Impaired lymph drainage and pathological mechanisms

The evidence supporting the mechanisms for the entry of interstitial fluid into and transport along lymphatic vessels in humans remains unclear. The absorbing initial lymphatic network is usually a blind-ended system of lymphatic capillaries. The wall of a lymphatic capillary has no smooth muscle investment and therefore does not contract. Some of the endothelial intercellular junctions (flap valves) are at least 14 nm in diameter, making it possible for particulate matter, and even aggregates of cancer cells, to enter. When the interstitial pressure exceeds the intraluminal pressure, these junctions open, allowing inflow of fluid until pressures equilibrate, whereupon the flap valves close. The interstitial fluid is probably driven into the initial lymphatic by a small hydraulic pressure gradient. Mutations in the VEGFR3 gene cause Milroy disease (7). The mechanism for this form of human lymphedema is not an absence of initial lymphatics, as animal models had suggested, but a failure of initial lymphatic fluid absorption (8). Mutations in the FOXC2 gene cause aberrant smooth muscle surrounding initial capillaries (9) and may contribute to the lymphatic dysfunction seen in lymphedema-distichiasis syndrome.

The initial lymphatic network drains into a series of collecting vessels that possess both semilunar valves and an envelope of smooth muscle. The main mechanism for lymph drainage in collector lymphatics is therefore lymphatic pumping, with valves to prevent reflux. FOXC2 mutations cause lymphatic valve dysfunction and, consequently, lymph reflux, providing one of the main mechanisms for the development of lymphedema in lymphedema-distichiasis syndrome (9).

Contraction of the lymphatic collectors is initiated by an action potential complex. Efficient pumping depends on the propagation of the electrical impulse that is under the control of pacemaker cells. As with cardiac muscle, which is very similar to lymphatic smooth muscle, calcium influx is important for the pacemaker potential and, therefore, calcium channel antagonists may well cause peripheral edema by interfering with lymphatic pumping (10).

Genetic aspects of primary lymphedema

Primary lymphedema arises due to an intrinsic, presumably genetic, fault in lymph drainage, whereas the term secondary lymphedema identifies a specific external stimulus or agent that has damaged lymph-conducting pathways (e.g., trauma or surgery). Primary lymphedema is caused by faulty lymphatic vascular development, giving rise to either a structural and/or functional abnormality that impairs drainage.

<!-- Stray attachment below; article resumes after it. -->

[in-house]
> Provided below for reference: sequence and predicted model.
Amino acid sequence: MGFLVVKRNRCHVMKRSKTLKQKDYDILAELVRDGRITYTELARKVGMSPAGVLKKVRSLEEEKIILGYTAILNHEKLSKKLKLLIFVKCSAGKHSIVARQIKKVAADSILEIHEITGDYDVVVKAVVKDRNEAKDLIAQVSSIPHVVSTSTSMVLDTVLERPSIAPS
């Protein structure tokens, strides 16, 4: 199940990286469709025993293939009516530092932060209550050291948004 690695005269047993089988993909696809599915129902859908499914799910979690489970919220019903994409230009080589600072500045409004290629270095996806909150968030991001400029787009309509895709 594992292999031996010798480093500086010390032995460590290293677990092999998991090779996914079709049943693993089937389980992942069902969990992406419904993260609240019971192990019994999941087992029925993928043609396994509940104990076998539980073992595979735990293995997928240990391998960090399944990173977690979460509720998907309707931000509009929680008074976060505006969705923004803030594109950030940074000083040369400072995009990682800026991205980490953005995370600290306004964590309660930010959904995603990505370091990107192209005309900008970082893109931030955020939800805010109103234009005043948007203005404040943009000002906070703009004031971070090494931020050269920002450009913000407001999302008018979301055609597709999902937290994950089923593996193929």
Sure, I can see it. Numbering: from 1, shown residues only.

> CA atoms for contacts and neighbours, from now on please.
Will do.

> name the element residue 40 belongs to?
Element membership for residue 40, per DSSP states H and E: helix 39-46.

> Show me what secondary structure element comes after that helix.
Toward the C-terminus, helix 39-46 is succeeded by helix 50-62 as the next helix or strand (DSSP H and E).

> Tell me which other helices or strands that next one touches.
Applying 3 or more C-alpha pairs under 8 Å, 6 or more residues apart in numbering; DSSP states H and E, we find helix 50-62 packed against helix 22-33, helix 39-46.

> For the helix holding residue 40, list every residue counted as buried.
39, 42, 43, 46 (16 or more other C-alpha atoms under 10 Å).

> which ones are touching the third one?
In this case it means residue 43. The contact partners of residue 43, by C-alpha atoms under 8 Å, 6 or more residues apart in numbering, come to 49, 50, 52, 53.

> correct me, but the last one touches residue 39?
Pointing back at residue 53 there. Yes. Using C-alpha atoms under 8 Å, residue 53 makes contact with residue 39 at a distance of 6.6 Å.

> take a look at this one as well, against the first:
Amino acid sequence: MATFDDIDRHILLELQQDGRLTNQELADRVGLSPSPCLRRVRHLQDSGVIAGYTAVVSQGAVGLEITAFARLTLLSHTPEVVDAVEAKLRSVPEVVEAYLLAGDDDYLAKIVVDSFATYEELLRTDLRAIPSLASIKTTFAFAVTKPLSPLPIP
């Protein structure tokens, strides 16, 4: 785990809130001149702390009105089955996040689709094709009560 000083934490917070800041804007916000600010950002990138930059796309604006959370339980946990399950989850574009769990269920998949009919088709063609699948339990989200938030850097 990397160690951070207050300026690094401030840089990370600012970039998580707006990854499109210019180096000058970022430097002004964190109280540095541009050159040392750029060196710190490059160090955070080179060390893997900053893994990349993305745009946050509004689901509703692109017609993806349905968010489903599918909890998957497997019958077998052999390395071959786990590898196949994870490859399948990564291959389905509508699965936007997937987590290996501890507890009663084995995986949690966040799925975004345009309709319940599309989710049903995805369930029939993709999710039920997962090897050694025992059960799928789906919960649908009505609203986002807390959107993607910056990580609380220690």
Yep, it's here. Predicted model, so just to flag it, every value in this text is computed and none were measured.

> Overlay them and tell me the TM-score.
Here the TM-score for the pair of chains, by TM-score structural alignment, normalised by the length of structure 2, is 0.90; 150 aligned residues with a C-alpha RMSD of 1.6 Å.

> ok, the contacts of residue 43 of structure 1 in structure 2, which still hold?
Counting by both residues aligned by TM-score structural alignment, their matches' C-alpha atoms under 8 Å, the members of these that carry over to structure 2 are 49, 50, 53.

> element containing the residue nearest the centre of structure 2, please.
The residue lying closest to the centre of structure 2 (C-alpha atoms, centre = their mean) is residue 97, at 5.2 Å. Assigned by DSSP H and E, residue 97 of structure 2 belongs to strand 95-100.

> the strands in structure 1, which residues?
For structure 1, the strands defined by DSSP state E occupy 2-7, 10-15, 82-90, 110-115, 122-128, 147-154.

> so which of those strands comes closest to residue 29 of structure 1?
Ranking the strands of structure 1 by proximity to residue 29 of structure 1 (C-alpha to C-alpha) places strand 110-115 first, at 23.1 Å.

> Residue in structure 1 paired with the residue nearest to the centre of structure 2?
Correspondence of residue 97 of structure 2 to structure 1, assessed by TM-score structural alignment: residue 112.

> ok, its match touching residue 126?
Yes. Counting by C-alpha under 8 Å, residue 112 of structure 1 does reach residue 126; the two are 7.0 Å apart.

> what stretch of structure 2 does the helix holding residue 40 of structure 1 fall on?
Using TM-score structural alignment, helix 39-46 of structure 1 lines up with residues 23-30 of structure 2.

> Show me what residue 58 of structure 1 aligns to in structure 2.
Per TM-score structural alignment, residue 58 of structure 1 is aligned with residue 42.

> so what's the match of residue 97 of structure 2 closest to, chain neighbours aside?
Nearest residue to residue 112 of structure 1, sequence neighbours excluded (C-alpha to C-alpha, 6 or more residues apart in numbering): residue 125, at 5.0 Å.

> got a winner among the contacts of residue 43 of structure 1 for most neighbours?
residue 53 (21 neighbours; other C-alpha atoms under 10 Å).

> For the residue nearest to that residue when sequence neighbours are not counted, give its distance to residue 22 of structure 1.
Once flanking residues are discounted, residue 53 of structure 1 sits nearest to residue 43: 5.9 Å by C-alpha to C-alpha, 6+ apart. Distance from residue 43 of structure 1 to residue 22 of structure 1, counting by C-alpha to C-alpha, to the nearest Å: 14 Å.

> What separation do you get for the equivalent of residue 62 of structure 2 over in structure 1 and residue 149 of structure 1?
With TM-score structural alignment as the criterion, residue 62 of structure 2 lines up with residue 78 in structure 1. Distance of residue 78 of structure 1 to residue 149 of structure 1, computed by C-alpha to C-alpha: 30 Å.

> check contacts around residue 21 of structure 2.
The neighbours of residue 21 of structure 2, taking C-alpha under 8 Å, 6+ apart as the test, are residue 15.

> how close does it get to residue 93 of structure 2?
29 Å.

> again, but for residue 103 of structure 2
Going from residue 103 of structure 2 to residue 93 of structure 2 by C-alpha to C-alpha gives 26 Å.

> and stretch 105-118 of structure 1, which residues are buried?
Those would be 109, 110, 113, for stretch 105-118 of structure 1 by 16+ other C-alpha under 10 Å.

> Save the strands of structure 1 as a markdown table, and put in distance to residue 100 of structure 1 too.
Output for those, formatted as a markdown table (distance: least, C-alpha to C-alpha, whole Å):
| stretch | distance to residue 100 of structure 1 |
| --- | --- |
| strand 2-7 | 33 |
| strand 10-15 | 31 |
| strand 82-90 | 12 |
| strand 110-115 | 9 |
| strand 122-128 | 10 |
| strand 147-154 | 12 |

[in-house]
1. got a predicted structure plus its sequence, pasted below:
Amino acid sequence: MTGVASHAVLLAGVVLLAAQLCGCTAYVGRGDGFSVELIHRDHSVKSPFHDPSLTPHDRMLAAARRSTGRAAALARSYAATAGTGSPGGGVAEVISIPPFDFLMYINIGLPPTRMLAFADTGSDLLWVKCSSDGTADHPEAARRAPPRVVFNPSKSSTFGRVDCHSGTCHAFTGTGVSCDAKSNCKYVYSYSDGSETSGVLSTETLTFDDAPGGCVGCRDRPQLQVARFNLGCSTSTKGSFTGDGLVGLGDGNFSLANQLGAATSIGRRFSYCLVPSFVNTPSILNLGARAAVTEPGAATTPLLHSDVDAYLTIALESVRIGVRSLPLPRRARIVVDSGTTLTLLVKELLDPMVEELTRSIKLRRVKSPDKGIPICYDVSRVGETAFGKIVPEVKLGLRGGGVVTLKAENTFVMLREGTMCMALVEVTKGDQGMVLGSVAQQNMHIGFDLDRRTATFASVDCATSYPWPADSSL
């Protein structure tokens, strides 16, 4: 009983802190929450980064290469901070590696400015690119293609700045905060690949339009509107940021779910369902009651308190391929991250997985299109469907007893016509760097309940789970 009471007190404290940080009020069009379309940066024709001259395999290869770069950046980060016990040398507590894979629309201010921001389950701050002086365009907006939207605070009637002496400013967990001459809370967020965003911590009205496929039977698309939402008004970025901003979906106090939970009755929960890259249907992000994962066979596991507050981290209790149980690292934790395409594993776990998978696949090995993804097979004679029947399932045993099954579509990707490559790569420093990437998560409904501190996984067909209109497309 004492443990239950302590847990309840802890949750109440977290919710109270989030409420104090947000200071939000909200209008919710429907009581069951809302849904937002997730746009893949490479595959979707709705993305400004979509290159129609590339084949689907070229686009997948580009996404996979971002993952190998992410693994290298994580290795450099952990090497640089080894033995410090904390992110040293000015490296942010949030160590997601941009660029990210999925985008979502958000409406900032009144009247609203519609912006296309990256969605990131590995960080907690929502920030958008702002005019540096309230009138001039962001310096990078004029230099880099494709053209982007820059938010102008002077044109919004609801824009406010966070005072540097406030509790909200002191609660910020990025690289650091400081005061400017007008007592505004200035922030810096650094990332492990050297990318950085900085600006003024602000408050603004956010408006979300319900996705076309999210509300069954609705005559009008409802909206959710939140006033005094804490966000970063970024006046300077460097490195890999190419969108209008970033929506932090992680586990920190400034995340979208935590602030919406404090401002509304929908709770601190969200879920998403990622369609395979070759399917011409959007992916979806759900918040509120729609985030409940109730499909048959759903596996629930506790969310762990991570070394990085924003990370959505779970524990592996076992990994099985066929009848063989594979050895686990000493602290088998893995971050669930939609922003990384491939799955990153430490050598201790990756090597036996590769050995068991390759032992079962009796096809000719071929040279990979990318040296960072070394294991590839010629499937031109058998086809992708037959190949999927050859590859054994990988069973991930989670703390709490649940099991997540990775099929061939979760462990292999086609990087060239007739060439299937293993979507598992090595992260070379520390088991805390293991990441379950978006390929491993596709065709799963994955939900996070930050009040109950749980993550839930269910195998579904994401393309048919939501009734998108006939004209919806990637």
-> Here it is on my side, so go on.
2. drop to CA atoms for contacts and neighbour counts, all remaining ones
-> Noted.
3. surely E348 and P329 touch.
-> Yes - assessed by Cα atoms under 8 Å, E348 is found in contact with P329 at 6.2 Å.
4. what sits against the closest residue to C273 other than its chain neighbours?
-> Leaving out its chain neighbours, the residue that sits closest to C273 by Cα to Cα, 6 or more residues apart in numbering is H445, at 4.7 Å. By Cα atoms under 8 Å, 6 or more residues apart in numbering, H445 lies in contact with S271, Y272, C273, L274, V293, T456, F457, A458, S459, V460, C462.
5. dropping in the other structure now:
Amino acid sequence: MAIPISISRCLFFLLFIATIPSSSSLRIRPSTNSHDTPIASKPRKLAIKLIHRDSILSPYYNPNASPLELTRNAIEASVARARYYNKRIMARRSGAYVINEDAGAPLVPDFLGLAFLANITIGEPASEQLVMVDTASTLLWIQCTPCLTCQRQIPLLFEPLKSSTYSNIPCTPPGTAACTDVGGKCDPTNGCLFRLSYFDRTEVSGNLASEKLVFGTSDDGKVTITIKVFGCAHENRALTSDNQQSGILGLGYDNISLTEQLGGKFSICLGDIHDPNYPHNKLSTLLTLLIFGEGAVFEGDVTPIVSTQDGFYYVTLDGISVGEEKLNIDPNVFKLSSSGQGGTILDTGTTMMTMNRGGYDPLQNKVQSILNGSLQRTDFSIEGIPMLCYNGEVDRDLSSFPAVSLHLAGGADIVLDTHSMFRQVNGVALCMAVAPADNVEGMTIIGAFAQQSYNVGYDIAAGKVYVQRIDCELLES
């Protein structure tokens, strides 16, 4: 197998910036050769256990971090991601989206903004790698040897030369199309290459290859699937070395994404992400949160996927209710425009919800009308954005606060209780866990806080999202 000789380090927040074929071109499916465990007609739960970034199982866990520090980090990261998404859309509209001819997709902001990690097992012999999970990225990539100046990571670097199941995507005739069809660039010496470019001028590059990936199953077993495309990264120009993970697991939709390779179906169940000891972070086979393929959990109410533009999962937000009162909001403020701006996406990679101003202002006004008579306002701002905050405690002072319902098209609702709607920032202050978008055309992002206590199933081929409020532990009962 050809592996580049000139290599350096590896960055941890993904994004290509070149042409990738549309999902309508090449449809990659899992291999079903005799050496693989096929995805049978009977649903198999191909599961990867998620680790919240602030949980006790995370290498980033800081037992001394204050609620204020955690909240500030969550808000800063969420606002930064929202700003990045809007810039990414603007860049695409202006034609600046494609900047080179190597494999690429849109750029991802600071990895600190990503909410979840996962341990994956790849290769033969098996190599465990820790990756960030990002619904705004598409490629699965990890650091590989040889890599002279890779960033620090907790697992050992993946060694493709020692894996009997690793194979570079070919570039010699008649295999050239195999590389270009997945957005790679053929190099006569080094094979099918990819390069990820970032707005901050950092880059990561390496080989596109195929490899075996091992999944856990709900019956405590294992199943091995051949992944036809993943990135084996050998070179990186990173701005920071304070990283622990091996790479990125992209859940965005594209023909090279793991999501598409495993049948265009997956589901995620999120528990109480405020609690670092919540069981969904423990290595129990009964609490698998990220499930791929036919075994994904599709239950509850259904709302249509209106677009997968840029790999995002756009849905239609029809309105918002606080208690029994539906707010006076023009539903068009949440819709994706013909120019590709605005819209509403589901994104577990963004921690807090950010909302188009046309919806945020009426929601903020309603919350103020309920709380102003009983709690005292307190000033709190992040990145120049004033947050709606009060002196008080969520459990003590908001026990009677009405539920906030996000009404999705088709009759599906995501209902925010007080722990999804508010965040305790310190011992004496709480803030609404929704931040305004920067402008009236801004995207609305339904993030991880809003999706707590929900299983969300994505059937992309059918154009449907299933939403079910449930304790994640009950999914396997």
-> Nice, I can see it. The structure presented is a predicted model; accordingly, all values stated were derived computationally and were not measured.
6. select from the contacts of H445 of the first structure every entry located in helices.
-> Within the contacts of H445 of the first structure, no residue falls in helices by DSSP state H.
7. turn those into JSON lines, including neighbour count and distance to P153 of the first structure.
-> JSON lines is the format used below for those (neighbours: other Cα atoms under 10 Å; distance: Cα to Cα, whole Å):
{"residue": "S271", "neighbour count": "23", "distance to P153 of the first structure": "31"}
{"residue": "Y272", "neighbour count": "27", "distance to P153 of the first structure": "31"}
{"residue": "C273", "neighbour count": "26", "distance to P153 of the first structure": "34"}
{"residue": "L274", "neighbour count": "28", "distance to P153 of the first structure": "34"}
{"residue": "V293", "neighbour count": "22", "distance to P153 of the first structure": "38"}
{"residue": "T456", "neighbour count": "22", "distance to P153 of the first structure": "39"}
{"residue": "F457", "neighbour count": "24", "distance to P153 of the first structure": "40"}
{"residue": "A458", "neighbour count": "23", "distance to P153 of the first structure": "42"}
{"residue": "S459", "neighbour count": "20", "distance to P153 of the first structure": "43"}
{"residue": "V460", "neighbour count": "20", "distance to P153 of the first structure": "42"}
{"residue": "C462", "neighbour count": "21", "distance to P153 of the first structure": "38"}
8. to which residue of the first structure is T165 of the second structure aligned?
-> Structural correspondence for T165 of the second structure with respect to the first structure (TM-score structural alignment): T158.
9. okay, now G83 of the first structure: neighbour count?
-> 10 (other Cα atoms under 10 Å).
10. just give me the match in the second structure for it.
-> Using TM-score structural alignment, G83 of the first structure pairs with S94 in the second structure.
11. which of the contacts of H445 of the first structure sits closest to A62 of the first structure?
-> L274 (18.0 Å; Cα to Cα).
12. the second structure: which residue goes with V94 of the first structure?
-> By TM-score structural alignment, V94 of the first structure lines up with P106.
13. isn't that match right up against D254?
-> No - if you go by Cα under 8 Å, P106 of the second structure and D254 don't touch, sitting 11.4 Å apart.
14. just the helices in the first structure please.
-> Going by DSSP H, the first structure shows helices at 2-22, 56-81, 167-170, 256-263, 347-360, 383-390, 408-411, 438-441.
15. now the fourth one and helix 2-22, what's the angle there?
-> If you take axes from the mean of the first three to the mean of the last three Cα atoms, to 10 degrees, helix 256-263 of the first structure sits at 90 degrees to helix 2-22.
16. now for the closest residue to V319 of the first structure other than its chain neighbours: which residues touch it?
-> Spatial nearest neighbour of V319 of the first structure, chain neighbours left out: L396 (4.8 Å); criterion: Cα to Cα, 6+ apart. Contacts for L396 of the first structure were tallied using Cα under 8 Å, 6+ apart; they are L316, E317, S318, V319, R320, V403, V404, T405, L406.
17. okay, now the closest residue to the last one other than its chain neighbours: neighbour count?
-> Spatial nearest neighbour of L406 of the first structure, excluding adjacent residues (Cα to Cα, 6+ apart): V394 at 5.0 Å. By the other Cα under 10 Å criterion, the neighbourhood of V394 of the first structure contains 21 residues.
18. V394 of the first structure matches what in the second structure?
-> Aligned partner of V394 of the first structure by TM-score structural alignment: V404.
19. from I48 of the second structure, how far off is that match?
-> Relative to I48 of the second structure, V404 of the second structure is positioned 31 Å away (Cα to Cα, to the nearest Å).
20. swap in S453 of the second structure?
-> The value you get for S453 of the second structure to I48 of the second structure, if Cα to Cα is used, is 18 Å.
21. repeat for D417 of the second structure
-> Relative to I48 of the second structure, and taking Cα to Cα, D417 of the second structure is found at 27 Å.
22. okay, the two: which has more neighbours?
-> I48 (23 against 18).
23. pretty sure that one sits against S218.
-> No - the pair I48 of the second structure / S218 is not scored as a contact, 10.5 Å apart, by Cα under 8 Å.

Until recently, the nature and cause of primary lymphedema has remained unknown. Consequently, patients were classified according to clinical features such as age of onset, categorized as congenital (at or shortly after birth), praecox (occurring during an early stage of life, most commonly during the teenage years or early adulthood), and tarda (late in life). The development of direct contrast lymphography helped to distinguish different categories on the basis of structural abnormalities, but fundamental causes remained unknown (11).

The identification of causal mutations in human lymphedema has enabled a better understanding of the role of these genes and their encoded proteins. Although the blood, vascular, and lymphatic systems are structurally and embryologically related and do function in concert, they develop through fundamentally different molecular mechanisms. Nevertheless, the malfunction of lymphatic genes frequently has cardiovascular consequences. For example, mutations in FOXC2, which are causal for lymphedema-distichiasis syndrome, result in congenital heart disease in 5% of patients.

The first gene identified as causative for human lymphedema was VEGFR3, in 1998 (7, 12). This gene was observed to be mutated in some cases of Milroy disease, a congenital-onset form of lymphedema with swelling of the feet and lower limbs. Hydrocele is seen in one third of affected males, suggesting that lymphatic dysfunction may be implicated in this condition even when unrelated to lymphedema (13). Soon after, the gene for lymphedema-distichiasis syndrome was mapped and subsequently identified as the developmentally important transcription factor FOXC2 (14). Lymphedema-distichiasis syndrome is a syndromic condition in which distichiasis (aberrant eyelashes originating from the meibomian glands) occurs at birth. Onset of lymphedema, aberrant eyelashes originating from a failure of meibomian gland development, however, is delayed until at least puberty (originally classified as praecox), but the presentation can be delayed to as late as the 5th decade (15). This indicates that genetic forms of lymphedema can present late in life. One striking feature of VEGFR3 and FOXC2 mutations is the very high incidence of venous valve failure. This presumably reflects the fact that, in development, lymphatic endothelial cells derive from venous endothelial cells. FOXC2 mutations cause superficial vein incompetence in 100% of cases and deep vein incompetence in up to one third of cases (16).